It has been more than two years since Superstorm Sandy wreaked havoc across the United States, affecting the Eastern Seaboard from Florida to Maine and inland as far as Michigan and Wisconsin. On Oct. 29, 2012, the storm surged into New York City, flooding the streets and subway lines and cutting power across the city. The damage to NYC was estimated at around $65 billion, but the emotional toll was even higher.
More than two years after Superstorm Sandy blew into the city — killing 53 people and damaging more than 300,000 homes and almost as many businesses — many New Yorkers still bear the emotional scars of having lived through such a stressful event. With complaints ranging from insomnia to depression to substance abuse, New York health officials estimate about 700,000 residents are still experiencing mental health problems from the storm.
Many experts agree that cognitive behavioral therapy, or CBT, is a good method for treating many of the mental health issues that New Yorkers face, yet very few people have access to mental health therapy.
To address this access issue, a team from Yale University's Department of Psychiatry developed a range of software-based interactive programs to help large populations recover mentally from a disaster. Working with the Mental Health Association (MHA) of NYC, the agency that runs the state's suicide prevention lifeline, the team was able to integrate its computer-based tools with MHA's telephone, text and chat support. The result is iHelp, a portfolio of clinician-supported, free, online CBT programs that provide New Yorkers with convenient mental health care.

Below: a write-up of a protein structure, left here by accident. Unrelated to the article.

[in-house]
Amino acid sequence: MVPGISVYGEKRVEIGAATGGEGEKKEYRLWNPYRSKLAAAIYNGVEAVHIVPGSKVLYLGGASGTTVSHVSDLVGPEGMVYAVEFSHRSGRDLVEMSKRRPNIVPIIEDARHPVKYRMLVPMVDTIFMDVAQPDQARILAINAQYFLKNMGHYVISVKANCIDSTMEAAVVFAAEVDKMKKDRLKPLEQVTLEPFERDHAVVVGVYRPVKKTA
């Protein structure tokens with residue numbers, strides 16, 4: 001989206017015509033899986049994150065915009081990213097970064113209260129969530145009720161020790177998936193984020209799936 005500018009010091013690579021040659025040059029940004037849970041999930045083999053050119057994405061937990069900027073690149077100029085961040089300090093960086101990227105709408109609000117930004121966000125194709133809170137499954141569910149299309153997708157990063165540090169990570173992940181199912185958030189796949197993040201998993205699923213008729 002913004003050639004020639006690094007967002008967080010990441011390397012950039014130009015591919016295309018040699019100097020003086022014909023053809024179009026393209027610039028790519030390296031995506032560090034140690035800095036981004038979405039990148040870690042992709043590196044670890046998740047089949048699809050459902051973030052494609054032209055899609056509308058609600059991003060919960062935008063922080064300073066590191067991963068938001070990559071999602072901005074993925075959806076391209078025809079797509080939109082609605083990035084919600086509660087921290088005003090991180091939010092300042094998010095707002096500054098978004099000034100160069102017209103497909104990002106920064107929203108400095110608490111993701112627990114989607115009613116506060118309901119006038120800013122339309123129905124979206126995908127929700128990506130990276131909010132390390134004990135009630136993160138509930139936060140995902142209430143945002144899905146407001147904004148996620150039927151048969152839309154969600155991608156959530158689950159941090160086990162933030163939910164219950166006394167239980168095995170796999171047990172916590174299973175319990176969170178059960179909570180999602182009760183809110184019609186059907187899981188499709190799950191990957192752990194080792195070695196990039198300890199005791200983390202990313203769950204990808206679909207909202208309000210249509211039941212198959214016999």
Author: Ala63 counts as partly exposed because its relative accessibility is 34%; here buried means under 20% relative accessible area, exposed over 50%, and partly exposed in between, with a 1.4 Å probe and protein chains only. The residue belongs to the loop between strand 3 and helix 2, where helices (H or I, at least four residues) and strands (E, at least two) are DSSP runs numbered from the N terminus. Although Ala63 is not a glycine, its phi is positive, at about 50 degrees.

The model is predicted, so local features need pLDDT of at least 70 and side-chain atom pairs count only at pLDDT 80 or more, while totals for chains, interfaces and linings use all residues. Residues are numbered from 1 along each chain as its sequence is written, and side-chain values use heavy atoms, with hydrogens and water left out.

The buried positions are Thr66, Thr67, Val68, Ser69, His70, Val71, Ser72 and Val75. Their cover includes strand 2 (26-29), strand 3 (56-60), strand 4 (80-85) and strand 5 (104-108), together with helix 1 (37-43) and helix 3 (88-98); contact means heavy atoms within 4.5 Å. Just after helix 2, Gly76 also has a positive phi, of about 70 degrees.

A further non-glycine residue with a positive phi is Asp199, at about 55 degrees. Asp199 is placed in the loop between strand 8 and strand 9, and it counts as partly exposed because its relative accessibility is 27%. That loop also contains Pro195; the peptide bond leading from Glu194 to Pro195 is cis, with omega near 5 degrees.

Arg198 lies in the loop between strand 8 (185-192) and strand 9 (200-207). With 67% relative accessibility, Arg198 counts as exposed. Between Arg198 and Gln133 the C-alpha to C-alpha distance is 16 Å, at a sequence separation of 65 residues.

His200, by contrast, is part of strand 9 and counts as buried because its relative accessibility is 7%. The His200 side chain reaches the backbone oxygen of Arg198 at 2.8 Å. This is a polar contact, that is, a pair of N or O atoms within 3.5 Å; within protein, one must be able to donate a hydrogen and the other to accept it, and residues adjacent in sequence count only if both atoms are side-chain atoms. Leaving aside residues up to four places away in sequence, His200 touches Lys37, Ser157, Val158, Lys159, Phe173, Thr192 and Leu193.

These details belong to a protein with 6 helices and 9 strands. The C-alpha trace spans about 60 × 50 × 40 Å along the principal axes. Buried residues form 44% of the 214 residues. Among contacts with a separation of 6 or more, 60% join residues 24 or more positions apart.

So what is CBT anyhow? It's a type of mental health therapy that teaches people new skills to address their issues. Some of the therapy focuses on learning cognitive skills and some on behavioral skills. Studies have shown that both can impact mood, sleep and anxiety levels. For instance, one technique is challenging your thoughts to help identify the triggers of mental distress. Another, from the behavioral skill side, involves keeping a diary of sleep behaviors to identify areas for improvement in sleep habits.
Programs vary in length from several weeks to two and a half months. The program is available only to New Yorkers at the moment, but iHelp's founders hope to expand it to other areas impacted by disasters. In the meantime, if you live in New York and are still suffering from trauma in the wake of Superstorm Sandy, check out iHelp. It's free. It's confidential. And it could help.
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